1959 Best Actress in a Supporting Role Shelley Winters The Diary of Anne Frank The Anne Frank House, Amsterdam Netherlands 1976 Donated by Winters to The Anne Frank House in 1976. Displayed inside the museum.[12]
1959 Best Documentary Feature Bernhard Grzimek Serengeti Shall Not Die Haus der Geschichte, Bonn Germany Unknown [13]
1959 Jean Hersholt Humanitarian Award Bob Hope Honorary Bob Hope Memorial Library, Ellis Island National Museum, New York City United States 2008 Hope came to the United States through Ellis Island. The statuette is displayed with other Hope memorabilia at the library entrance.[14]
1962 Best Short Subject, Cartoons[15] Dušan Vukotić Surogat Zagreb City Museum, Zagreb Croatia Unknown Inside the Animation History exhibit.[16]
1964 Best Documentary Short Subject Charles Guggenheim Nine from Little Rock National Archives, Washington, D.C. United States 2007 Displayed outside of The William McGowan Theater.[17]
1965 Best Actor in a Leading Role Rex Harrison My Fair Lady Mugar Memorial Library, Boston, Massachusetts United States Unknown Part of the Howard Gotlieb Archival Research Center, located on the fifth floor of the library.[9]
1965 Best Art Decoration-Set Decoration, Black-and-White Vassilis Photopoulos Zorba the Greek Benaki Museum, Athens Greece 2007 Displayed in the Ghika Gallery on the Third Floor.[18]
1967 Best Actor in a Leading Role Paul Scofield A Man for All Seasons Victoria and Albert Museum, London United Kingdom 2011 [19]
1967 Best Actress in a Leading Role Katharine Hepburn Guess Who's Coming to Dinner National Portrait Gallery, Washington, D.C. United States 2009 Displayed along with three other Academy Awards won by Hepburn.[4]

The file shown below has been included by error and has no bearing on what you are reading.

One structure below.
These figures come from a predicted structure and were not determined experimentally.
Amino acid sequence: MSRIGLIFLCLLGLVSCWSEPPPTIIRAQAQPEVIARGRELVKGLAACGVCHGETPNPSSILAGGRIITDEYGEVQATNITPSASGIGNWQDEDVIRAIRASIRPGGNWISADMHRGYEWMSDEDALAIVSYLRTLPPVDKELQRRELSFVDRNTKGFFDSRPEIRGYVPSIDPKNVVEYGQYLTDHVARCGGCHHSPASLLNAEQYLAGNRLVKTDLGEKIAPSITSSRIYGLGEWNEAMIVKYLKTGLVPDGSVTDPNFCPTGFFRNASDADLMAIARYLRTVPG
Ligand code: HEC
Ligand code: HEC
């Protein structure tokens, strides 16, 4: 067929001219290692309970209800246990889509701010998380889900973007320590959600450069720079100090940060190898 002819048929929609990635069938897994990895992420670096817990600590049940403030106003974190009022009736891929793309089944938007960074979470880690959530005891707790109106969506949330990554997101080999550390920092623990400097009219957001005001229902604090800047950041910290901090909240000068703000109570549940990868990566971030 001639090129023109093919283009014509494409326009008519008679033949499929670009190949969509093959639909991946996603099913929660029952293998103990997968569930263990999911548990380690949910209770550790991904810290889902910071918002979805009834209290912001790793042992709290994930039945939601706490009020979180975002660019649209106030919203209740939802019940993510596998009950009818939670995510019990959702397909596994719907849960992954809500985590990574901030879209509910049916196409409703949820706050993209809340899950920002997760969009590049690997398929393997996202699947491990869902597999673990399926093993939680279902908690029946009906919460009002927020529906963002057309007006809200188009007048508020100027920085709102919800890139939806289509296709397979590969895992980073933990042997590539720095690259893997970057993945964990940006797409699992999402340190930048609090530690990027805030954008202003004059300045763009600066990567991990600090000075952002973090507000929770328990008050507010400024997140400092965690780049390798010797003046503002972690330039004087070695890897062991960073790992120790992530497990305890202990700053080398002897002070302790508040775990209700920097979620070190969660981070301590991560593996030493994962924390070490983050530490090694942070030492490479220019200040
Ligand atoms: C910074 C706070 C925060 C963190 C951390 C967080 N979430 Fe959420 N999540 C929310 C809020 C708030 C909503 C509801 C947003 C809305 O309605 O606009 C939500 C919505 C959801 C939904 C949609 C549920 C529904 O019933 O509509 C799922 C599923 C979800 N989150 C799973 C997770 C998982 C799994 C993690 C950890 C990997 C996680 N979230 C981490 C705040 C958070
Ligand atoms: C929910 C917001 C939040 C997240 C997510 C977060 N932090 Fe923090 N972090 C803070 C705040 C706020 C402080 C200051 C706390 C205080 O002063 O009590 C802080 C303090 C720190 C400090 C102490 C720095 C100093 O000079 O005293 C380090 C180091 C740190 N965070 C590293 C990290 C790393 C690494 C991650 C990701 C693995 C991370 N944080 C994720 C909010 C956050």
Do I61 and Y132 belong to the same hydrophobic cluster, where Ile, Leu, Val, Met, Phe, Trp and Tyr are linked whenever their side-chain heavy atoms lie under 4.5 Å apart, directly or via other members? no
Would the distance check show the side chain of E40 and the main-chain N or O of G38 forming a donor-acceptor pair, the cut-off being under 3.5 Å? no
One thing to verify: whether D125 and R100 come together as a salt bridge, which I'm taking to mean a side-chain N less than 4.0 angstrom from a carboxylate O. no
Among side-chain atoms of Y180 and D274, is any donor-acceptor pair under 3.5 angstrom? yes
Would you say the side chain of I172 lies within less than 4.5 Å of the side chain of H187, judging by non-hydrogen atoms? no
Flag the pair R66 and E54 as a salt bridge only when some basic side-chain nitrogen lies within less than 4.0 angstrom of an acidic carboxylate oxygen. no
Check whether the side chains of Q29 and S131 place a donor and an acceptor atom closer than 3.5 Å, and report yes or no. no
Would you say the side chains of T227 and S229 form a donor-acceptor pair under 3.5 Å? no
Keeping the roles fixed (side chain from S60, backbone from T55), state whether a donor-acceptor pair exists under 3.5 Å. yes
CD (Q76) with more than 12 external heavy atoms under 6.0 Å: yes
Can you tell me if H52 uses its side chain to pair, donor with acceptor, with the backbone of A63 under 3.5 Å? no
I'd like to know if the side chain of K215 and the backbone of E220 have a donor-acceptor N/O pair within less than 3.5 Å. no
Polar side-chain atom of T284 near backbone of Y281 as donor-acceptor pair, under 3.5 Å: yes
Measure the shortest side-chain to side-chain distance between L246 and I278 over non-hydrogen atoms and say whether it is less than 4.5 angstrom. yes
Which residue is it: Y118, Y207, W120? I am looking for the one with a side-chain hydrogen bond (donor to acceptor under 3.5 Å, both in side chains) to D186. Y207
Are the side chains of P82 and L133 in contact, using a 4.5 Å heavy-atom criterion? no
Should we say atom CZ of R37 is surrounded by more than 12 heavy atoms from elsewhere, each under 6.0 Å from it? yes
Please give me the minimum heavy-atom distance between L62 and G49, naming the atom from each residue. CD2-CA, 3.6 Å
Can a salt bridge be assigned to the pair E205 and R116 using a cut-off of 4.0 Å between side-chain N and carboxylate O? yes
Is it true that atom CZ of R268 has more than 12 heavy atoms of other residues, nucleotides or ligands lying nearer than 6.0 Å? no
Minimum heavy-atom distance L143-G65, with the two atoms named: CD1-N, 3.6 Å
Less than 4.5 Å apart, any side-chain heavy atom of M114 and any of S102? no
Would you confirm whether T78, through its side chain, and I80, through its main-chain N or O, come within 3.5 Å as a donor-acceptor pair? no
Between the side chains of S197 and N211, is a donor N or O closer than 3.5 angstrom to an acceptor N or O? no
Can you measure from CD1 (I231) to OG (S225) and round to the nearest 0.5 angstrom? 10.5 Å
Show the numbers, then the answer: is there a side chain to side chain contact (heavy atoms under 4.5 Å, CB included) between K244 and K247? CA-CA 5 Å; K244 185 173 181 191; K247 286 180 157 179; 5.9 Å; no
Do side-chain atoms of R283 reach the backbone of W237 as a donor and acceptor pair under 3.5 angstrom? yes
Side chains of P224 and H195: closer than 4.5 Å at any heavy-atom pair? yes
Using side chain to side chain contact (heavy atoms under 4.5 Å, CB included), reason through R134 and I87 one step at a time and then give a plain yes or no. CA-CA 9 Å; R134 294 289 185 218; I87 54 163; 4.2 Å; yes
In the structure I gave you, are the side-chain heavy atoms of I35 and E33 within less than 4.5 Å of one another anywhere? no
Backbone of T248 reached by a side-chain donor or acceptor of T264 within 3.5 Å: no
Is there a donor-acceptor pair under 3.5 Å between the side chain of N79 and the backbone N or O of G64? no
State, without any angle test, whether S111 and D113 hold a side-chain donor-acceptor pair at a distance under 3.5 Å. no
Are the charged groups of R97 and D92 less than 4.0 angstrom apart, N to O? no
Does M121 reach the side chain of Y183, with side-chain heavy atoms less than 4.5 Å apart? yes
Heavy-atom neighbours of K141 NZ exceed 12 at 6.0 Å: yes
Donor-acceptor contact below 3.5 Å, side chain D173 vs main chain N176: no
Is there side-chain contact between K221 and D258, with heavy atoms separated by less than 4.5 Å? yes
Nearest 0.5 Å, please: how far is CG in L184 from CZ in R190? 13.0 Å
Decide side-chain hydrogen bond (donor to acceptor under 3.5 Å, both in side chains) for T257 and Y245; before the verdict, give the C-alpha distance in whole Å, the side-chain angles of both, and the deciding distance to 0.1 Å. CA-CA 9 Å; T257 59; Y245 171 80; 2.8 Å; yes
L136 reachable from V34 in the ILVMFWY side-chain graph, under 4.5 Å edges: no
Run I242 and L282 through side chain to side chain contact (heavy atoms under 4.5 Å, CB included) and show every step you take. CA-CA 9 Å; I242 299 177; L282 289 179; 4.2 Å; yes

1968 Best Actress in a Leading Role Katharine Hepburn The Lion in Winter National Portrait Gallery, Washington, D.C. United States 2009 Displayed along with three other Academy Awards won by Hepburn.[4]
1969 Academy Award for Best Documentary Feature Bernard Chevry Arthur Rubinstein - The Love of Life Museum of the City of Lodz, Lodz Poland 2001 Displayed with awards given to Arthur Rubinstein.[20]
1972 Best Original Song Isaac Hayes Shaft Stax Museum of American Soul Music, Memphis, Tennessee United States 2011 "Sits on a pedestal in the museum not far from Hayes' custom 1972 gold-trimmed, peacock-blue Cadillac Eldorado[21]"
1981 Best Actress in a Leading Role Katharine Hepburn On Golden Pond National Portrait Gallery, Washington, D.C. United States 2009 Displayed along with three other Academy Awards won by Hepburn.[4]
1981 Best Picture David Puttnam Chariots of Fire National Media Museum, Bradford, West Yorkshire England Unknown [22]
1985 Best Art Direction Josie MacAvin Out of Africa Irish Film Institute, Dublin Ireland 1992 Donated to the IFI in 1992.[23]
1988 Academy Award of Merit Ray Dolby and Ioan Allen Honorary Dolby Theatre, Los Angeles, California United States Unknown [24]
2003 Best Foreign Language Film Denys Arcand The Barbarian Invasions TIFF Bell Lightbox, Toronto, Ontario Canada Unknown Displayed near the entrance to the home of the Toronto International Film Festival